But Van Bibber only groaned, and the awful memories of the lead-like spaghetti and the bad oil and the queer cheese made him shudder, and turned things before him into a Tantalus feast of rare cruelty. There were Little Neck clams, delicious cold consomme, and white fish, and French chops with a dressing of truffles, and Roman punch and woodcock to follow, and crisp lettuce and toasted crackers-and-cheese, with a most remarkable combination of fruits and ices; and Van Bibber could eat nothing, and sat unhappily looking at his plate and shaking his head when the waiter urged him gently. “Economy!” he said, with disgusted solemnity. “It’s all tommy rot. It wouldn’t have cost me a cent to have eaten this dinner, and yet I’ve paid half a dollar to make myself ill so that I can’t. If you know how to economize, it may be all right; but if you don’t understand it, you must leave it alone. It’s dangerous. I’ll economize no more.”
And he accordingly broke his vow by taking the whole party up to see the lady who would not be photographed in tights, and put them in a box where they were gagged by the comedian, and where the soubrette smiled on them and all went well.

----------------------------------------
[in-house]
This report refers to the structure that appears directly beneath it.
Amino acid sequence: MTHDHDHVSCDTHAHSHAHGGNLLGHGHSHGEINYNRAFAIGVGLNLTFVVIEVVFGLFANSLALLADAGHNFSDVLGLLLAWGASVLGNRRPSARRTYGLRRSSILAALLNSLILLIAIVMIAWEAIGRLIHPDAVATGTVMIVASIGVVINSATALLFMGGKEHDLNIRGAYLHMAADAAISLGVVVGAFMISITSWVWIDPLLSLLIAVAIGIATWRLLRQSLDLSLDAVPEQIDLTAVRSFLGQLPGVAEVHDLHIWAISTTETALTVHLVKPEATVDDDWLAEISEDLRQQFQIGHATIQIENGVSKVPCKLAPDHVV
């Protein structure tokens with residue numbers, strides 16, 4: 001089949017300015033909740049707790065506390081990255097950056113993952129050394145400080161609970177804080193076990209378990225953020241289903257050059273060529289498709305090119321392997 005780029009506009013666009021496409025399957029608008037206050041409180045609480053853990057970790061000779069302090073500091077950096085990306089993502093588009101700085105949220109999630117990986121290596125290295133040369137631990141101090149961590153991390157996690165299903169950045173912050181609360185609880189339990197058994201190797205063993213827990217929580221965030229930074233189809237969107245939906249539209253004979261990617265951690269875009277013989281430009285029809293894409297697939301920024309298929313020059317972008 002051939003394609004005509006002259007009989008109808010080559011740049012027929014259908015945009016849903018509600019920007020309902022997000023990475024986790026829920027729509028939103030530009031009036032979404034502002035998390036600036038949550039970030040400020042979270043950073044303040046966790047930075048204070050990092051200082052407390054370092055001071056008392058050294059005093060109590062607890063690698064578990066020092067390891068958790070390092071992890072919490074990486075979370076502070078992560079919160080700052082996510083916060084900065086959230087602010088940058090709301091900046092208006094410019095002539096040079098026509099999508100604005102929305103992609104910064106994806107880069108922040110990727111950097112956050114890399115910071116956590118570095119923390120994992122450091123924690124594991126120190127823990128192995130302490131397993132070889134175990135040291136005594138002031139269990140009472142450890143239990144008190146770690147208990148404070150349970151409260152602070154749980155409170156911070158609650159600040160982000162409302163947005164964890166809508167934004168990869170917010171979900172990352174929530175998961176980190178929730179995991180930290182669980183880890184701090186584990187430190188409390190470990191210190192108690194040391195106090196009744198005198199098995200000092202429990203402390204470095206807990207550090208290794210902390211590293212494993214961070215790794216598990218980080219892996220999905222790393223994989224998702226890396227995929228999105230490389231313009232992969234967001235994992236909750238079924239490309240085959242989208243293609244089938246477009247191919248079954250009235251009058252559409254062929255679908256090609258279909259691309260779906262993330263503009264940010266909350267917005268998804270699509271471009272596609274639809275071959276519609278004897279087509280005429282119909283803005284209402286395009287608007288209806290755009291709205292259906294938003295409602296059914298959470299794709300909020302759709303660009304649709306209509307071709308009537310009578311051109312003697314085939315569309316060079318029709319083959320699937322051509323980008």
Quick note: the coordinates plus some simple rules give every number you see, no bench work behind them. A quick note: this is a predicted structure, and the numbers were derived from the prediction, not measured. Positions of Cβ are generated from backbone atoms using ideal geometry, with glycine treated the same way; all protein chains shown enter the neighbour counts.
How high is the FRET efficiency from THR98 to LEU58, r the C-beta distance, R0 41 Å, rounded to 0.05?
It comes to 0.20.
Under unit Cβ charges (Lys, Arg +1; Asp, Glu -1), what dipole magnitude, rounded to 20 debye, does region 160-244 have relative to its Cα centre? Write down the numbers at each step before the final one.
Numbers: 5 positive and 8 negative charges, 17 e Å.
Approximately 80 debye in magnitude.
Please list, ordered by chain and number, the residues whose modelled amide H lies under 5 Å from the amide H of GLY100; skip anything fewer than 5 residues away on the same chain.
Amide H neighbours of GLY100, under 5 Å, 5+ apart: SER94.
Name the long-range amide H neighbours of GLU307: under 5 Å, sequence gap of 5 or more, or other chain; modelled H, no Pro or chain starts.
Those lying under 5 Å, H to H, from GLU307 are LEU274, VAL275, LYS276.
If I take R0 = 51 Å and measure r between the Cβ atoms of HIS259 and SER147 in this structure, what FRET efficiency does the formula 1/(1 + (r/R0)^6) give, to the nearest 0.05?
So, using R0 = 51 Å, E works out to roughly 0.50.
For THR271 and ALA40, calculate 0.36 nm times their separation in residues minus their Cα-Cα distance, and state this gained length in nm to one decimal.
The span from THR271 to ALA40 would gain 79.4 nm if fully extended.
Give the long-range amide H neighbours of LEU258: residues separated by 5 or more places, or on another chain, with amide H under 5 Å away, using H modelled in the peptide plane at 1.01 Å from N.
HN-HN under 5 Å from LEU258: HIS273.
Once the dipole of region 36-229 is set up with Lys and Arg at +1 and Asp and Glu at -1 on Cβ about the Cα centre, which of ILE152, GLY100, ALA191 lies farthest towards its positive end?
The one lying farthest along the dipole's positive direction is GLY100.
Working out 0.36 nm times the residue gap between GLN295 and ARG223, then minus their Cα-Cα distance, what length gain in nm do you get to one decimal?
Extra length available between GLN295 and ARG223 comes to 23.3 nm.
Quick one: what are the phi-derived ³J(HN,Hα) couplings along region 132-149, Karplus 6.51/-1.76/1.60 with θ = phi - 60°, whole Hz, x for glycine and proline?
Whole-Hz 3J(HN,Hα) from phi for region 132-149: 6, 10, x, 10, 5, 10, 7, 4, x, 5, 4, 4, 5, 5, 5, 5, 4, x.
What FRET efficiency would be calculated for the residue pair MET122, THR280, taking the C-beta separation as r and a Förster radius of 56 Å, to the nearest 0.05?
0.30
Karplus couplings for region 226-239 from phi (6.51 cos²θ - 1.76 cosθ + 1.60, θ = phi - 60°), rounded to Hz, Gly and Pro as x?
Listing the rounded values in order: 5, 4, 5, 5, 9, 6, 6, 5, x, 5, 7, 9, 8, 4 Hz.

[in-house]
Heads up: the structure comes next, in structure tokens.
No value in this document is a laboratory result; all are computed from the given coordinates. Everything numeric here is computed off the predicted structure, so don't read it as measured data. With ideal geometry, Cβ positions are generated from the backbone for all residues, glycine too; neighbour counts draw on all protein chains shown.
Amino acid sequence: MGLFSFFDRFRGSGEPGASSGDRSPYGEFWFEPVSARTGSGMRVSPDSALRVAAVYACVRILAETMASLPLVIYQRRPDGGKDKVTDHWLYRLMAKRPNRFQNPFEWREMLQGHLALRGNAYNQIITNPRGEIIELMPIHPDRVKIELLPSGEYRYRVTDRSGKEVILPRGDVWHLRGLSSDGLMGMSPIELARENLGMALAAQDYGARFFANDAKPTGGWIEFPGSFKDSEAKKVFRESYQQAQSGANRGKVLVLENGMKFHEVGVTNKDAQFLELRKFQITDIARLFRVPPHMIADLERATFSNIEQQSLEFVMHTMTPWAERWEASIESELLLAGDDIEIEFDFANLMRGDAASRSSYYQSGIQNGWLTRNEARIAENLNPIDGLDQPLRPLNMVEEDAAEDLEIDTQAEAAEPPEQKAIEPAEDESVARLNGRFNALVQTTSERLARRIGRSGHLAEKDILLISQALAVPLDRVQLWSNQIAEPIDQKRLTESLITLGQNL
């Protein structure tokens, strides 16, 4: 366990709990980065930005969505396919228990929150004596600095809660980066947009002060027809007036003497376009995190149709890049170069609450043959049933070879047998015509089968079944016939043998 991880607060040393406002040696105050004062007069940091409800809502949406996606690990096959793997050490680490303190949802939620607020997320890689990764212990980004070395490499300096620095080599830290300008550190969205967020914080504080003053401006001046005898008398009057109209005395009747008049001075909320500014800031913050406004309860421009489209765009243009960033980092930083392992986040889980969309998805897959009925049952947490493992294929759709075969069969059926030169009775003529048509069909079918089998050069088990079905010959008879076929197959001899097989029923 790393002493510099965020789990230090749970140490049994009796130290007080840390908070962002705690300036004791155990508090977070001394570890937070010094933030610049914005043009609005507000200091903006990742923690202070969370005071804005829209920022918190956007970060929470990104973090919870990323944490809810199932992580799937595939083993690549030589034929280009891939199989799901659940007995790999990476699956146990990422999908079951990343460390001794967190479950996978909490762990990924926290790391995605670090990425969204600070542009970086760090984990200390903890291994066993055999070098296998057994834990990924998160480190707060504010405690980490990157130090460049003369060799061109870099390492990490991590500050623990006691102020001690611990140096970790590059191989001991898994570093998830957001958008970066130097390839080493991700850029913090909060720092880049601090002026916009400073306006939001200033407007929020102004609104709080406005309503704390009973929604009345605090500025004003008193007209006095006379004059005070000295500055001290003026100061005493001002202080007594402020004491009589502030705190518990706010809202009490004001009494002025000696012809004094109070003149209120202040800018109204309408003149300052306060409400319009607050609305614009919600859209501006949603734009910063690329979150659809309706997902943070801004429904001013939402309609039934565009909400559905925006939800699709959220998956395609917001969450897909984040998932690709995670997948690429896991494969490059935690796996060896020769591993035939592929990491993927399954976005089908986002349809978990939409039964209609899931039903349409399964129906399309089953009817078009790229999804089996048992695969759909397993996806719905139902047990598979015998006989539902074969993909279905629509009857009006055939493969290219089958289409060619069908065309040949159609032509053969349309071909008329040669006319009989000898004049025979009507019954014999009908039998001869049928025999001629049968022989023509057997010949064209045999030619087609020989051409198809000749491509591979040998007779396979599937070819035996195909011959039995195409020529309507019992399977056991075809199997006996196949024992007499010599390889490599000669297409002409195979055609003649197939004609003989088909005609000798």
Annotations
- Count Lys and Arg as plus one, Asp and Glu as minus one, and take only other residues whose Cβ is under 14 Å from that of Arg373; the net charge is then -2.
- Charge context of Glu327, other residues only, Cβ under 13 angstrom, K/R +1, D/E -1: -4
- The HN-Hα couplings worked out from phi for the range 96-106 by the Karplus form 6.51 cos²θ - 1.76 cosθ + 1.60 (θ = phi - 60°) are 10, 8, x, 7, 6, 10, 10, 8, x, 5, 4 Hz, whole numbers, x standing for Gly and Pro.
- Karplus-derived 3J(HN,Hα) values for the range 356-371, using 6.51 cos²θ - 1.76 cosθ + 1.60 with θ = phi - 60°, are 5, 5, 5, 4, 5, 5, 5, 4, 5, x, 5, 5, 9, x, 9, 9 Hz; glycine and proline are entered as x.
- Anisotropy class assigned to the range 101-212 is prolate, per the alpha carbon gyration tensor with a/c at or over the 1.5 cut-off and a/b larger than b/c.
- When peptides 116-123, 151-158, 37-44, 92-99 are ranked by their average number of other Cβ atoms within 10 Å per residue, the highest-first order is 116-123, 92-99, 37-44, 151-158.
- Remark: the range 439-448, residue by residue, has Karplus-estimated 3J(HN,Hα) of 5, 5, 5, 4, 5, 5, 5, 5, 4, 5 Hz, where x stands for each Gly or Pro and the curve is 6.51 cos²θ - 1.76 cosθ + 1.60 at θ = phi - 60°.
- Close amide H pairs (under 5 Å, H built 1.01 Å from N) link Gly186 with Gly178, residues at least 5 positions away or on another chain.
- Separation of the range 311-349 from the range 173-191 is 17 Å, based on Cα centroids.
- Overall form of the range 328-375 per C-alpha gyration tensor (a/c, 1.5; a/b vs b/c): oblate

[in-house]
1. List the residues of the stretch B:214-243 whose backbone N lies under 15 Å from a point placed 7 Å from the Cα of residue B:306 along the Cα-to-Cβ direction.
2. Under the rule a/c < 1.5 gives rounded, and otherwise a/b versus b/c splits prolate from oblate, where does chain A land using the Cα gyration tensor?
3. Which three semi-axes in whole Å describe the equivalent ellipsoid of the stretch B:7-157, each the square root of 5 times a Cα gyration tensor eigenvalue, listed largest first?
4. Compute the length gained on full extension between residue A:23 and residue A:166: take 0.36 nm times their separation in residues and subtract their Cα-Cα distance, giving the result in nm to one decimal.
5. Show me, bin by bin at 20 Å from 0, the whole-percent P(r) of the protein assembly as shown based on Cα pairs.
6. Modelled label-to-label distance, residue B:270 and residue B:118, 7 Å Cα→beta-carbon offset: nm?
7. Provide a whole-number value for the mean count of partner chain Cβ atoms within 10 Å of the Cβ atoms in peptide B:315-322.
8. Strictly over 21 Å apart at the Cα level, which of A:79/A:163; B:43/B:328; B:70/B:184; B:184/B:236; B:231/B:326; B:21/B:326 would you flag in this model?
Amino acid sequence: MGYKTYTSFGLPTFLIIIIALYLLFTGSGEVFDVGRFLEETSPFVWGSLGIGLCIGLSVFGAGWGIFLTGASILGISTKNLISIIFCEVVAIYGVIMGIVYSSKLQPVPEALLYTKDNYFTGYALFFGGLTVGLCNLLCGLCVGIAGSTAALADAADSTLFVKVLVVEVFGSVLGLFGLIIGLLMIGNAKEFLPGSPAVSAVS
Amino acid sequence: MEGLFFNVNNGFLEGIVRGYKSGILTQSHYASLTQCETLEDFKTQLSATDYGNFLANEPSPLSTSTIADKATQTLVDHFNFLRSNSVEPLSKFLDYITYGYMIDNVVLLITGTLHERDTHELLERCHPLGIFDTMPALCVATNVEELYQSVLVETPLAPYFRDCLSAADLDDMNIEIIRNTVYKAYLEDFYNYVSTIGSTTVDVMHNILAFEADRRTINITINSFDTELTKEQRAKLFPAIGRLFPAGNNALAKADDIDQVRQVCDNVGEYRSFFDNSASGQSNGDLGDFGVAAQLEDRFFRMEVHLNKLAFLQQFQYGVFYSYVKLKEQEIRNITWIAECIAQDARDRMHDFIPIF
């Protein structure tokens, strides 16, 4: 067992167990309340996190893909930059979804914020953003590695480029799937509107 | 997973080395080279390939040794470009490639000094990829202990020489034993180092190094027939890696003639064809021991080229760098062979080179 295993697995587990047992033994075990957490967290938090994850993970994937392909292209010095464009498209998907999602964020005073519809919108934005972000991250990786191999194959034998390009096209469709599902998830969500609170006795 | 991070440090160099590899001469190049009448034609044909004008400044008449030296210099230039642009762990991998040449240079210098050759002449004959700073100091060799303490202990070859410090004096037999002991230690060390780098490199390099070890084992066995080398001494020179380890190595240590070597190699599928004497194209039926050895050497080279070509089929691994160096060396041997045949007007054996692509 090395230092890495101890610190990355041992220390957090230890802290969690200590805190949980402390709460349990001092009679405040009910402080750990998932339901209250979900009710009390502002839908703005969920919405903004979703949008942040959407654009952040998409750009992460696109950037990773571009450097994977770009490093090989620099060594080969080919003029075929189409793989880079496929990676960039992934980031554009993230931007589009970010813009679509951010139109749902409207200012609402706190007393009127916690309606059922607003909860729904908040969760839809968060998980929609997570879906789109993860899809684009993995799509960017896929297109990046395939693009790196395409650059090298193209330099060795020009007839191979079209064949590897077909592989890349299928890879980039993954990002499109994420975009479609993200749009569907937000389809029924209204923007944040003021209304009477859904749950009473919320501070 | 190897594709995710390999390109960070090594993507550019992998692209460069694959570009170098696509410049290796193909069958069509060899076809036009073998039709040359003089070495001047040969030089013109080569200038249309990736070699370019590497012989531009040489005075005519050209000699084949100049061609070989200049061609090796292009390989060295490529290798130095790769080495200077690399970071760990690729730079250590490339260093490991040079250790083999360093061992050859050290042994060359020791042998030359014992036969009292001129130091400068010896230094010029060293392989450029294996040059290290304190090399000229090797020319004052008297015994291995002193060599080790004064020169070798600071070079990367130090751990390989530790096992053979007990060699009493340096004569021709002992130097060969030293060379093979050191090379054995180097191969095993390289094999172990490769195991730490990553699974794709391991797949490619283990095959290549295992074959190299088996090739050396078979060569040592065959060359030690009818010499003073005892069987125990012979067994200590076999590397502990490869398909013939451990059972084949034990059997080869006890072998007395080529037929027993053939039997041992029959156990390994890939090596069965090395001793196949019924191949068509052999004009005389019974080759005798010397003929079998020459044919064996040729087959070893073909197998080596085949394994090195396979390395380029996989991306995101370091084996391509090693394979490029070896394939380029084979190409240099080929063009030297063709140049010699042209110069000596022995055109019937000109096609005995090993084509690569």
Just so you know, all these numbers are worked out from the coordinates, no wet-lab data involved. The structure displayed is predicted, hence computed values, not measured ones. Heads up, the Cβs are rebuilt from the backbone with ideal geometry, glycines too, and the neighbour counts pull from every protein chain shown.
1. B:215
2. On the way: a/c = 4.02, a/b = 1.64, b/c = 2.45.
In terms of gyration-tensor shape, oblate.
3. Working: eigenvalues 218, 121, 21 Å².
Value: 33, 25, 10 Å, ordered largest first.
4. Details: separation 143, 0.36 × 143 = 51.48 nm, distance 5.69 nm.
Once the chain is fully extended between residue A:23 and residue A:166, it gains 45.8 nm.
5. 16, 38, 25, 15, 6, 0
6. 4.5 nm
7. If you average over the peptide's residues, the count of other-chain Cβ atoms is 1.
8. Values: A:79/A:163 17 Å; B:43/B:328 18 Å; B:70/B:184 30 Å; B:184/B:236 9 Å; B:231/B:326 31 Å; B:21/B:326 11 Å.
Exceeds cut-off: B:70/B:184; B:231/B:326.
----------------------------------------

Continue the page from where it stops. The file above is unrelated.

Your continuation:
Young Travers, who had been engaged to a girl down on Long Island for the last three months, only met her father and brother a few weeks before the day set for the wedding. The brother is a master of hounds near Southampton, and shared the expense of importing a pack from England with Van Bibber. The father and son talked horse all day and until one in the morning; for they owned fast thoroughbreds, and entered them at the Sheepshead Bay and other race-tracks. Old Mr. Paddock, the father of the girl to whom Travers was engaged, had often said that when a young man asked him for his daughter’s hand he would ask him in return, not if he had lived straight, but if he could ride straight. And on his answering this question in the affirmative depended his gaining her parent’s consent. Travers had met Miss Paddock and her mother in Europe, while the men of the family were at home. He was invited to their place in the fall when the hunting season opened, and spent the evening most pleasantly and satisfactorily with his fiancee in a corner of the drawing-room. But as soon as the women had gone, young Paddock joined him and said, “You ride, of course?” Travers had never ridden; but he had been prompted how to answer by Miss Paddock, and so said there was nothing he liked better. As he expressed it, he would rather ride than sleep.
“That’s good,” said Paddock. “I’ll give you a mount on Satan to-morrow morning at the meet. He is a bit nasty at the start of the season; and ever since he killed Wallis, the second groom, last year, none of us care much to ride him. But you can manage him, no doubt. He’ll just carry your weight.”
Mr. Travers dreamed that night of taking large, desperate leaps into space on a wild horse that snorted forth flames, and that rose at solid stone walls as though they were hayricks.